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Think Tank

CSIS, the Oil Crusaders

The Center for Strategic and International Studies (CSIS) of Washington was created in 1962 by the initiative of the CIA director of Investigations. It became soon the favorite institution of the Cold War analysts who worked for Henry Kissinger and Zbigniew Brzezinski. In the 80’s, Ronald Reagan recruited there his main Defense advisers, and in the early 90’s, it was just right there where Bush senior found Dick Cheney, minister of Defense during his term. By reviewing the reports on the coming energy crisis, CSIS developed during the last few years under the leadership of Senator Sam Nunn, and focused on the war against the emergence of nuclear powers, oil strategies and civil war.

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In 1962, Ray S. Cline, who had been appointed CIA deputy director and favored by the movements that sanctioned the Bay of Pig’s fiasco, decided to establish a higher institute for strategic strategies to recruit experts and lead the ongoing work.

Ray S. Cline was an OSS agent during the Second World War, an analyst in the war in Korea, liaison agent between the American and British services, and finally CIA chief in Formosa (1958 - 1962). He created the People’s Anticommunist League of Asia and the Officers Academy of the Political Warfare in Taiwan [1].

During his career he did not allow the Agency to mix information gathering with its analysis and the actions that would derive from them. He developed in the CIA an Information division for data processing, identification of uncovered areas, drafting reports and send them to the relevant person. It was precisely under this principle that the Center for Strategic and International Studies (CSIS) was created.

Ray S. Cline relied both on the retired admiral Arleigh Burke, founder of Polaris program, and the historian David M. Abshire. Together, they founded the Center on September 4, 1962, at the Jesuit University of Georgetown, in Washington, and hired Richard V. Allen as permanent director.

With the support of Relm-Earhart Foundation, CSIS hosted the first conference on economy and national security issues. More than 30 speakers attended, such as the young professor from Harvard, Henry Kissinger, James R. Schlesinger (future CIA director and Secretary of Defense), the economist Murray Weidenbaum (future president of the OECD Council) and Donald Rumsfeld (congressman from Illinois at that time).

In 1966, the Center presented its analysis on China-USSR dispute at the House of Representatives.

In 1968, CSIS made a political commitment. Richard V. Allen was the adviser to Richard Nixon during his campaign as candidate for matters on foreign policy and became later member of the National Security Council. David M. Abshire came to be assistant to the Secretary of State for relations with the Congress. In 1973, it carried out a campaign to increase public opinion’s awareness on energy matters and produced a documentary at Hanna-Barbera studio that was broadcasted to 40 million viewers. As a result, Senator Hubert Humphrey got the votes to build an oil pipeline in Alaska.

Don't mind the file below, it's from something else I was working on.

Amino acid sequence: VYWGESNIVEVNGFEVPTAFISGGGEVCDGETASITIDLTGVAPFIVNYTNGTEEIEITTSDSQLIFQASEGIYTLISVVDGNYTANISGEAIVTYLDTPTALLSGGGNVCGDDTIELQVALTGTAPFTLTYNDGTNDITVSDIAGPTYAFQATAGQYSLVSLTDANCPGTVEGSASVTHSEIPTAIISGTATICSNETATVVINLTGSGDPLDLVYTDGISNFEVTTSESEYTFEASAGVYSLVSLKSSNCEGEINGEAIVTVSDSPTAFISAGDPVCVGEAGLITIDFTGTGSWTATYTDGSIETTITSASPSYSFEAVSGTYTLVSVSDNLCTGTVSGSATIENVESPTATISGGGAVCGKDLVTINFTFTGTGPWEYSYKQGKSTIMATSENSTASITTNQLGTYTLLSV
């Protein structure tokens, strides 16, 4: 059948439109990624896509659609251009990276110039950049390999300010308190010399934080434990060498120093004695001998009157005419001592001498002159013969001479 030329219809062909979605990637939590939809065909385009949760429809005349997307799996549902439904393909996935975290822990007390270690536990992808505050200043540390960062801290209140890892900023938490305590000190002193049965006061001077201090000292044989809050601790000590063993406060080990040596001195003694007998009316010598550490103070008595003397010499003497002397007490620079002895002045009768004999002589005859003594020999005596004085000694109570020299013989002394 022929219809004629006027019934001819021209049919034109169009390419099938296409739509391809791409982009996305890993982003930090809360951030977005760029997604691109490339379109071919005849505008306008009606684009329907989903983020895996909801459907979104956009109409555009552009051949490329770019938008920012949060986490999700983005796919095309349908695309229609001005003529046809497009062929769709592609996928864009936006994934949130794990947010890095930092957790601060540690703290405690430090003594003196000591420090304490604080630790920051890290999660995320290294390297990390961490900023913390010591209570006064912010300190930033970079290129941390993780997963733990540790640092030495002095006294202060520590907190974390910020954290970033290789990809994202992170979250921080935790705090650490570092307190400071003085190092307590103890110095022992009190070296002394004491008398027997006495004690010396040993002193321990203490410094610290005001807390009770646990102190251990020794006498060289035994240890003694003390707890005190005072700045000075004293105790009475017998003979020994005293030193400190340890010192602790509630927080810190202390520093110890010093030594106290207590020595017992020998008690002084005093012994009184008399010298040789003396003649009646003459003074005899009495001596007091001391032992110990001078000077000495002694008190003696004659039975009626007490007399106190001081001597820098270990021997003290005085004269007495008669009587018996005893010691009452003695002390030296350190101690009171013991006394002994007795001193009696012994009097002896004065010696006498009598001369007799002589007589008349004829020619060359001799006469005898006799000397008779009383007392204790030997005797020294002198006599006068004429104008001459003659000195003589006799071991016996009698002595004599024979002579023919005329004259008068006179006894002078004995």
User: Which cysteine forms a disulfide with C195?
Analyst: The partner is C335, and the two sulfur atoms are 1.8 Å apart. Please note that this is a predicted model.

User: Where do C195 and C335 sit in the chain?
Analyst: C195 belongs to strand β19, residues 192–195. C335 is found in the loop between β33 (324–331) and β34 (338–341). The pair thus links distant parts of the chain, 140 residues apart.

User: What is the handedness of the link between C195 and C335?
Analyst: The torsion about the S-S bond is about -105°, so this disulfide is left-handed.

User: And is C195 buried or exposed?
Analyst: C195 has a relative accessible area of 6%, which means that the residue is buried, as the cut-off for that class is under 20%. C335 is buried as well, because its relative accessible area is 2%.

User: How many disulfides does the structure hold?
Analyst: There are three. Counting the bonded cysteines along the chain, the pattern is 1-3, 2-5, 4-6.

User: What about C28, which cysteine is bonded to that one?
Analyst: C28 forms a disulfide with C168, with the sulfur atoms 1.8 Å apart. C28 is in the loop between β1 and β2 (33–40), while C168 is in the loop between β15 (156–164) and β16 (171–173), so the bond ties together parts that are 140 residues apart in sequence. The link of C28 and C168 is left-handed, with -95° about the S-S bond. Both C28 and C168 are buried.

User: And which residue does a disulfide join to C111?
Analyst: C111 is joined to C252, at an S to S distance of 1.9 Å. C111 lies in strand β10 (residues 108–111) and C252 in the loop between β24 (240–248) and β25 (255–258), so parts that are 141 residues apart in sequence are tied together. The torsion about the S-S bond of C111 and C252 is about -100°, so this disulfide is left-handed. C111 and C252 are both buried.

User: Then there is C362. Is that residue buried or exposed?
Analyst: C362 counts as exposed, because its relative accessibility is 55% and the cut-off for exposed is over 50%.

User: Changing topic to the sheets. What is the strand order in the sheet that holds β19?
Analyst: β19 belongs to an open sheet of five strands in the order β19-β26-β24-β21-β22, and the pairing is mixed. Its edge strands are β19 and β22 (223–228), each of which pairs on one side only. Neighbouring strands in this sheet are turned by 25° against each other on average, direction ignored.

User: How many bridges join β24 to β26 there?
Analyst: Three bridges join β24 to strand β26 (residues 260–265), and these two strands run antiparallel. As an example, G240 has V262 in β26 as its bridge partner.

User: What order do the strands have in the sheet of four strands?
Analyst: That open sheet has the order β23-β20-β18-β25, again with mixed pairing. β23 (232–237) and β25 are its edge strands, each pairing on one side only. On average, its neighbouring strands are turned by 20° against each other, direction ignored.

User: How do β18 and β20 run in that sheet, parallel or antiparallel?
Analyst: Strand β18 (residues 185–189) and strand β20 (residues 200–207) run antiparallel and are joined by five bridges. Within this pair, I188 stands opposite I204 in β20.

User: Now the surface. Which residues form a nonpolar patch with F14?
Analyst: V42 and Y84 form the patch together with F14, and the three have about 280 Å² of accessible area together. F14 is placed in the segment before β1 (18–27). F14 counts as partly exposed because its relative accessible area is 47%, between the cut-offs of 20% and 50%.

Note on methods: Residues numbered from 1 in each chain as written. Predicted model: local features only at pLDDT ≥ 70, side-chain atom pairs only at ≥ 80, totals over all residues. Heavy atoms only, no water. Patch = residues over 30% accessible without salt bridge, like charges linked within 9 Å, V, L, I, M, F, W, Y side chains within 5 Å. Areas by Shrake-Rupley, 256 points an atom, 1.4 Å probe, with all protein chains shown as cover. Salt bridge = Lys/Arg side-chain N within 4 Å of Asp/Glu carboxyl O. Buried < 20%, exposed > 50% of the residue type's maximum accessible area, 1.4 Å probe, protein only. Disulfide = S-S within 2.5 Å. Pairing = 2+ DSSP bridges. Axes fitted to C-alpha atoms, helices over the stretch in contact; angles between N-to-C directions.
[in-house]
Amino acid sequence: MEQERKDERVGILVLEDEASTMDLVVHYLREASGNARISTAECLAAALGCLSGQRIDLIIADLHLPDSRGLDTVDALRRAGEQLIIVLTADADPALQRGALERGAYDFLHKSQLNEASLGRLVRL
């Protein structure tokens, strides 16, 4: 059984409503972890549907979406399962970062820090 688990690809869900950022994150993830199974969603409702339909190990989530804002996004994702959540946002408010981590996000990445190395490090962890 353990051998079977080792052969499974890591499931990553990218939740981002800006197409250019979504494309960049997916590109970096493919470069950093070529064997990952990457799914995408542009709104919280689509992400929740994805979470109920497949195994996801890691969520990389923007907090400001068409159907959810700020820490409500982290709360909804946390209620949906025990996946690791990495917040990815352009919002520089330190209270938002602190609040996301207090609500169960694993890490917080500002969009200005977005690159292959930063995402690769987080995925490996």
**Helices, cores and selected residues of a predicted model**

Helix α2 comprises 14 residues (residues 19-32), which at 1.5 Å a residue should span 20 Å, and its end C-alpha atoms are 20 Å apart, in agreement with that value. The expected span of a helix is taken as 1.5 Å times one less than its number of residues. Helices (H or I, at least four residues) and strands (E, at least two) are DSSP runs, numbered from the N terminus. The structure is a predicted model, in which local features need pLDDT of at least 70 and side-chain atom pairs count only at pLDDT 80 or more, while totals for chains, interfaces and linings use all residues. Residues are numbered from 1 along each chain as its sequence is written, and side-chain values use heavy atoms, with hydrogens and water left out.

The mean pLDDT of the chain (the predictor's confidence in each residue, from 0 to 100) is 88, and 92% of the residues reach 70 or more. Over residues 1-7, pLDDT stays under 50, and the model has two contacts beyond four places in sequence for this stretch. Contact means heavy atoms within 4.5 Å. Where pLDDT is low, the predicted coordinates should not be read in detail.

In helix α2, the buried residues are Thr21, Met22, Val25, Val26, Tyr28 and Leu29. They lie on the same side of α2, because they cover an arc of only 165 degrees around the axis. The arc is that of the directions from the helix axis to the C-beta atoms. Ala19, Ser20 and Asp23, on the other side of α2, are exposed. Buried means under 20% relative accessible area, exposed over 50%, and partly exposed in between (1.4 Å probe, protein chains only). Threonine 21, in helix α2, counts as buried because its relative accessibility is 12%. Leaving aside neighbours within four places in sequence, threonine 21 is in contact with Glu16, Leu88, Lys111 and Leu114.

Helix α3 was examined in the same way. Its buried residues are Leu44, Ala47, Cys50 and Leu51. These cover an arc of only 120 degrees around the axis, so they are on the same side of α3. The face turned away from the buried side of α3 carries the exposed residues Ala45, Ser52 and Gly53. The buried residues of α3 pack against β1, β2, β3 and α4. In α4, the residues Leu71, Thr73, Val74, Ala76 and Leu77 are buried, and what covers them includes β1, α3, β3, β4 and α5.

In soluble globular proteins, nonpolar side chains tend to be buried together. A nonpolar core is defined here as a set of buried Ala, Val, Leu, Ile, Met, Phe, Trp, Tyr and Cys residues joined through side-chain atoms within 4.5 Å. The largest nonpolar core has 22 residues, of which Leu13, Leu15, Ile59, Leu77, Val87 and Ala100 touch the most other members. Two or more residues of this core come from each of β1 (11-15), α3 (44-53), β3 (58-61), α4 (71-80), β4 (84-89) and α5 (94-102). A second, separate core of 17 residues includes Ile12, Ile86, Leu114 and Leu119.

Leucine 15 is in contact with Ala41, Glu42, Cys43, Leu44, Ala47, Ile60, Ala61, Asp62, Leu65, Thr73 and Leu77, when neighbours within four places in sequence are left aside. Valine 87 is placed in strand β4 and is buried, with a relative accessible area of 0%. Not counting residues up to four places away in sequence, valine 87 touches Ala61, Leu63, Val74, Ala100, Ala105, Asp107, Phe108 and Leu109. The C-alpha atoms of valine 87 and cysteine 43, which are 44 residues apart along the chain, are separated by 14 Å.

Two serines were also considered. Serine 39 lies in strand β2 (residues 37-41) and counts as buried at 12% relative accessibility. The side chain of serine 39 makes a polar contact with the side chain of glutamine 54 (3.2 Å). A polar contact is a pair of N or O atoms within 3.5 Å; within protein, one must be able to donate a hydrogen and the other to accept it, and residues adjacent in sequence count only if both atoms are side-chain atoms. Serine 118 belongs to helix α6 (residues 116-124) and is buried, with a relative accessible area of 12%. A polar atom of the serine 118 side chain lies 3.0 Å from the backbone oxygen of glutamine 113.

In 1974, President Gerald R. Ford, instructed an independent commission to come up with a proposal pertaining to reforms in government institutions for foreign policy. [2]. Among others, the President appointed David M. Abshire to be part of the commission. He worked with Anne L. Armstrong, who in turn became president of CSIS Executive Committee.

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Zbigniew Brzezinski and David M. Abshire.

At a later date, Gerald Ford appointed Abshire as head of the radio propaganda system for eastern countries. CSIS created a working group under Frank Staton, CBS president and whose proposals were approved to reform public diplomacy. In the interim, Anne Armstrong was nominated Ambassador in London.

Under Carter’s administration, CSIS held hearings at the Congress to reveal the magnitude of the Cambodian genocide. An amazing documentary was also produced on a terrorist attack in Manhattan.

CSIS showed its satisfaction with the election of Ronald Reagan [3]. Richard V. Allen, who was one of his closest advisers during the campaign, became the National Security Adviser and David M. Abshire was appointed Ambassador to NATO. As for Anne Armstrong, she chaired the Intelligence Advisory Committee abroad.

The representative from the State of Wyoming (USA), Richard B. Cheney, joined the Center and headed a group of studies on the Grand Strategy. It was the time when the political scientist Zbigniew Brzezinski, the strategist Edward N. Luttwak, and the journalists Arnaud de Borchgrave and Michael Ledeen came in to play their roles. The Center became then the place where everything pertaining to arms control was done under Senator Sam Nunn. As a result, the Nunn-Lugar with USSR agreement was signed, including the drafting of the Goldwater-Nichols of the Defense Department.

During 24 years, the Center recruited university professors, produced analysis and multiplied interventions on means of communication. The funding was through donations from the extreme right-wing banker Richard Mellon Scaife, the Prince Turki bin Abdul Aziz, head of the Saudi secret services and Mobil oil transnational.